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Spain Ready to End 44 Years of Hurt With Euro Title

Spain captured their only major international trophy when they won the 1964 European Championship on home soil. Luis Aragones' young side are hoping emulate that feat in Vienna on Sunday, June 29, against Germany.

Spanish players celebrate after the semifinal match between Russia and Spain in Vienna

Spain were imperious against Russia and head into the final in good form

For a team which has become notorious for losing its bottle at the business end of tournaments and flattering to deceive on a consistent basis, Spain move into their first major final in 24 years full of confidence while playing the kind of soccer they normally only reserve for the early rounds.

Since they took to the field in Paris to contest the 1984 European Championship title against hosts France, Spain have turned up for tournaments with squads full of the world's biggest stars and the continent's most talented players but have failed to make the latter stages.

Many huge names from Spanish soccer have graced the World Cup and European Championship stages in the shirt of the Furia Roja -- and have shown their worth for about three games before meekly surrendering when things got serious.

Normally it's the quarter-final stage. Such has been the regularity that the Spanish bow out at this stage, that it has become a bit of a mental block, if not a downright curse. This year however, despite the fact that they were facing world champions Italy at this stage, Spain overcame both the Italians and the psychological barrier to make it to the semis.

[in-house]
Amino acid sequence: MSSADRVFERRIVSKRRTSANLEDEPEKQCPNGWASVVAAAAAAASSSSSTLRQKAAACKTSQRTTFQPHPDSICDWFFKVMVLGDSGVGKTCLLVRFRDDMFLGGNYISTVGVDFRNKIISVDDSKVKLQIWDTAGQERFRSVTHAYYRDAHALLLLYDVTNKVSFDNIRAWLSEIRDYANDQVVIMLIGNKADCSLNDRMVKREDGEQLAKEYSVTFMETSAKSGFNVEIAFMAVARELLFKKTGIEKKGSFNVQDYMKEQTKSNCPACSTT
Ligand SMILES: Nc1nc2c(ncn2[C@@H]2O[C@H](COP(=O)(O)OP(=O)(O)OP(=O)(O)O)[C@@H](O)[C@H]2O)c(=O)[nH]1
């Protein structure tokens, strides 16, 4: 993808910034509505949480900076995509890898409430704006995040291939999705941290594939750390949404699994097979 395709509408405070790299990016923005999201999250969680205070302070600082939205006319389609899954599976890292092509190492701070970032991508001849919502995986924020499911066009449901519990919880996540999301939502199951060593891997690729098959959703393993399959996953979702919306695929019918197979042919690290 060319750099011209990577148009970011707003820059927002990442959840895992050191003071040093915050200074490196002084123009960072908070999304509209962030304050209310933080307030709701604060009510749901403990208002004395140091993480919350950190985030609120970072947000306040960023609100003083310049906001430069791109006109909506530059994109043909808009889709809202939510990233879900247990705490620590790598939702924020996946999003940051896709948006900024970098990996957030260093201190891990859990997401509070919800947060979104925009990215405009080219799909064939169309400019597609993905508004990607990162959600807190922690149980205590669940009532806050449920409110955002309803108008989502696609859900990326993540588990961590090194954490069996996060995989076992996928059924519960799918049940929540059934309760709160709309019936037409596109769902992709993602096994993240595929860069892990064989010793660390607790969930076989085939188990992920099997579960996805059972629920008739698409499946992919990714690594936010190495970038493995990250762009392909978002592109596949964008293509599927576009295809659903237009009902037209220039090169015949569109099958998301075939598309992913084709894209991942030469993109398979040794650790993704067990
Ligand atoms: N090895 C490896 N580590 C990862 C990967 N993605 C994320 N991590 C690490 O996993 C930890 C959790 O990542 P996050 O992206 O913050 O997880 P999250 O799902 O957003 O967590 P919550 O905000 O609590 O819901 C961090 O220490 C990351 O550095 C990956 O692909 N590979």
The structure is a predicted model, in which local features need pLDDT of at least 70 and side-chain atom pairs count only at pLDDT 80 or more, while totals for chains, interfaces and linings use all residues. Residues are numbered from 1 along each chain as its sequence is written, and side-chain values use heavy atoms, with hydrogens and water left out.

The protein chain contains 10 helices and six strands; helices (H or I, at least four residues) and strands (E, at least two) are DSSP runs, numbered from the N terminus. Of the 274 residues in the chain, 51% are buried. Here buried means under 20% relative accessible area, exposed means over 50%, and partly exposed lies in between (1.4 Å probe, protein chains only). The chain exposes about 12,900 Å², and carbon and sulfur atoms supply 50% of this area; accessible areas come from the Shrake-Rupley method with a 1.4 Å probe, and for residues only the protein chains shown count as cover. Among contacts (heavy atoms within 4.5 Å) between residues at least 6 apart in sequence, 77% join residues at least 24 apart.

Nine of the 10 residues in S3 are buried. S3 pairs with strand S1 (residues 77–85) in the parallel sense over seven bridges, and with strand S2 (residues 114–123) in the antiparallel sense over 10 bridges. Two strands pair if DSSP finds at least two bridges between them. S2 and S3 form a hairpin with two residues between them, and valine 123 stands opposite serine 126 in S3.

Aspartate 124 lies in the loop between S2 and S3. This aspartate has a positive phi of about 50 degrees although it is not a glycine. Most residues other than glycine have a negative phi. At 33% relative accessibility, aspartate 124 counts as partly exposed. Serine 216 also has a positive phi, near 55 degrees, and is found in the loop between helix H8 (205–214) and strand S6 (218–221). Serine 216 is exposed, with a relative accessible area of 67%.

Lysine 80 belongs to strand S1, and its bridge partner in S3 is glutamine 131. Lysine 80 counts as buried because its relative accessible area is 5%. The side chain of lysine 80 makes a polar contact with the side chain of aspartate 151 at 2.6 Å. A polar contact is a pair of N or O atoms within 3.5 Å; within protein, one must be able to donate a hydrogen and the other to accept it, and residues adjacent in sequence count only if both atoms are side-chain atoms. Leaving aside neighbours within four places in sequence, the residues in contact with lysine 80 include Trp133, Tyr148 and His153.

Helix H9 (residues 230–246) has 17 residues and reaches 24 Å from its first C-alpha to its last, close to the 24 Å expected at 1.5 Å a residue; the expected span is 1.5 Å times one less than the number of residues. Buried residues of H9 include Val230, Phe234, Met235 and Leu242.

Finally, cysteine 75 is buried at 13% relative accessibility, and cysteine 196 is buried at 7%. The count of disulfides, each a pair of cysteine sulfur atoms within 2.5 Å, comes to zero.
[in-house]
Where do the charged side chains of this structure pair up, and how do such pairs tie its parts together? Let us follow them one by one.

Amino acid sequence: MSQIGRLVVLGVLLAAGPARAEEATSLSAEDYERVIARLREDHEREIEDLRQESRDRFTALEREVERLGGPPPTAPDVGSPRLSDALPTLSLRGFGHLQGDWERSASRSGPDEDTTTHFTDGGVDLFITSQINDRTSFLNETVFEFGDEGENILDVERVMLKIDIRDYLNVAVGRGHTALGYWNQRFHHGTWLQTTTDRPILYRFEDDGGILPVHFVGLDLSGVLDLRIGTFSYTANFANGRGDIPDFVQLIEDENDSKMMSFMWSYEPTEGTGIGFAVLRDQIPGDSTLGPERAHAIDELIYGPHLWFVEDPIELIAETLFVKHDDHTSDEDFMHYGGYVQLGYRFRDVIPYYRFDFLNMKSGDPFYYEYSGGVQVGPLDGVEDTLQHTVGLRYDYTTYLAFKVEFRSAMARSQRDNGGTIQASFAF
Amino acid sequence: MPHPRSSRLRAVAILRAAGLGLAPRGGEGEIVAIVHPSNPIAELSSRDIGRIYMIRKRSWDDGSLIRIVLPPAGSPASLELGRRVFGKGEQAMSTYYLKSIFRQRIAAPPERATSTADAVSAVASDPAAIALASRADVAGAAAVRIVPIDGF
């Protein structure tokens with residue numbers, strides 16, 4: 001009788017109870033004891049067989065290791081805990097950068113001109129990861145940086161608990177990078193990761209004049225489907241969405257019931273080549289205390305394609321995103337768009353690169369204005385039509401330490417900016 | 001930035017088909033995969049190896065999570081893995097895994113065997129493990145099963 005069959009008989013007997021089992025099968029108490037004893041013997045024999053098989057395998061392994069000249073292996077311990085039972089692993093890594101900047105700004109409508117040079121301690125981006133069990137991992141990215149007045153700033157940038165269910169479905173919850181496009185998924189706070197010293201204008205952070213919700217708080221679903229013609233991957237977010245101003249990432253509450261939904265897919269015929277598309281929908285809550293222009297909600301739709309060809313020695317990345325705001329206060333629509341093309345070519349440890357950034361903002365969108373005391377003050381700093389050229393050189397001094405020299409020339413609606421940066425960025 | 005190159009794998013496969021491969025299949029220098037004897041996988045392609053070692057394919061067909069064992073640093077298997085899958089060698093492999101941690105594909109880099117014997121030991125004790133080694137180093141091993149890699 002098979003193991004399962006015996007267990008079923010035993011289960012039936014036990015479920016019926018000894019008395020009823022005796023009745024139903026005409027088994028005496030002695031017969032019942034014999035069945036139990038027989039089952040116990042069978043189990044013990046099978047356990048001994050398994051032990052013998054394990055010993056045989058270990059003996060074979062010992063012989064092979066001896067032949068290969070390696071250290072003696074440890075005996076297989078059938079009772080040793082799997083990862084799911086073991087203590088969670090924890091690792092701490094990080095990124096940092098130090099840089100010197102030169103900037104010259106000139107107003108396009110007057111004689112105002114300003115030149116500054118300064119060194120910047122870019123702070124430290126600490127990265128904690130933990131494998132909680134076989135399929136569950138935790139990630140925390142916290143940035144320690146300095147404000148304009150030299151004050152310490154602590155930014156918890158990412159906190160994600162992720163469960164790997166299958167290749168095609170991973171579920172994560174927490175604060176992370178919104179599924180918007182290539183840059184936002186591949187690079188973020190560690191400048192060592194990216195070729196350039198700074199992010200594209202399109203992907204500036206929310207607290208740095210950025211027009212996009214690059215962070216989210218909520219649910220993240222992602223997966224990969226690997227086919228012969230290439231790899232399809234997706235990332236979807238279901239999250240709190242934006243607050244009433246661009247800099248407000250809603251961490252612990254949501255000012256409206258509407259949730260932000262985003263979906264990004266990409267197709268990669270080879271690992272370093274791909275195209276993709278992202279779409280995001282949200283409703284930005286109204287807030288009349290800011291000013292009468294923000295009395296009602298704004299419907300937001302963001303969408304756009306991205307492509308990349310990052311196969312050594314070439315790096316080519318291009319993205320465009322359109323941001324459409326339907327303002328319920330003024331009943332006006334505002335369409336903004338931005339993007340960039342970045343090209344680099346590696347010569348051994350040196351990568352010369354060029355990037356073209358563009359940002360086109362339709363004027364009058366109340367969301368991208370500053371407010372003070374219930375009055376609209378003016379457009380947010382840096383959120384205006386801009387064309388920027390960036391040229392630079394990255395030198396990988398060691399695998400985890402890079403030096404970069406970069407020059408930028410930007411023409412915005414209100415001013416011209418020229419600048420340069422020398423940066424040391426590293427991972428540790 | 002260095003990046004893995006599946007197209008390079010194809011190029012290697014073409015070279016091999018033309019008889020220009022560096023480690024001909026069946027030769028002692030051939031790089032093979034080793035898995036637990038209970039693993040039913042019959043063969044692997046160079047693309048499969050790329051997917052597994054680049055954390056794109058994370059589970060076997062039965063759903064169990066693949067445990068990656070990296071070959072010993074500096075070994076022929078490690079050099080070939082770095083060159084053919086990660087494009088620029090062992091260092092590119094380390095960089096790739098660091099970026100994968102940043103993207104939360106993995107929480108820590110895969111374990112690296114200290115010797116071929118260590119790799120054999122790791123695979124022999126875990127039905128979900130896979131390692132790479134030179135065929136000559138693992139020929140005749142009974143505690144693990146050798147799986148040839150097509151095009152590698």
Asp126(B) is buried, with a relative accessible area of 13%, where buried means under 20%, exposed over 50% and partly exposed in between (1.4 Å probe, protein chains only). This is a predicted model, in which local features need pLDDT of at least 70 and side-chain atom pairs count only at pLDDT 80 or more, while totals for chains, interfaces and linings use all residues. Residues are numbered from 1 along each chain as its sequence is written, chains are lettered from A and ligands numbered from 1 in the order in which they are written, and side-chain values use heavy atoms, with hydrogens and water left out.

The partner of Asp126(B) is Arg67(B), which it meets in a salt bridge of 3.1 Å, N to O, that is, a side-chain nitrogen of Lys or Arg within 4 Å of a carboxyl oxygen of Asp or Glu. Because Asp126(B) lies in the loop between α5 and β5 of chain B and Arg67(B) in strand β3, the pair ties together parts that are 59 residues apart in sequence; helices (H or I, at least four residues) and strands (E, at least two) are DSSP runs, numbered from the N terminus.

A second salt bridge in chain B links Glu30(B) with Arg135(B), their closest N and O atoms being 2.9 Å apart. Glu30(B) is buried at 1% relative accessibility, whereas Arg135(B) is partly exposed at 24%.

Before earning themselves a place against Italy, Luis Aragones' team played their way through Group D with skill and panache. Their opening game, a 4-1 thrashing of Russia, got everyone believing again, while harboring all those memories of false dawns and premature celebrations.

Opening game sends impressive message

Spain's David Villa, third form left, scores the opening goal during the group D match between Spain and Russia

David Villa opened his account with a hat trick against Russia and got the ball rolling

Russia were supposed to be a new force, one with an attacking vision that could have overcome a sometimes ponderous Spanish defense. But not only did the rear guard hold firm, the spearhead proved deadly. A David Villa hat trick and a cameo goal from substitute Cesc Fabregas showed the world that Spain had a rod of steel running from back to front, with a very sharp point at its attacking end.

The edge looked a little blunt when Spain came up against the Swedes in their second group match. Fernando Torres got his first goal of the tournament, only to see it cancelled by Zlatan Ibrahimovic. The game looked to be heading for a disappointing draw -- which no doubt would have prompted questions about Spain's true quality -- when that man Villa popped up again to net a last gasp winner in the second minute of stoppage time.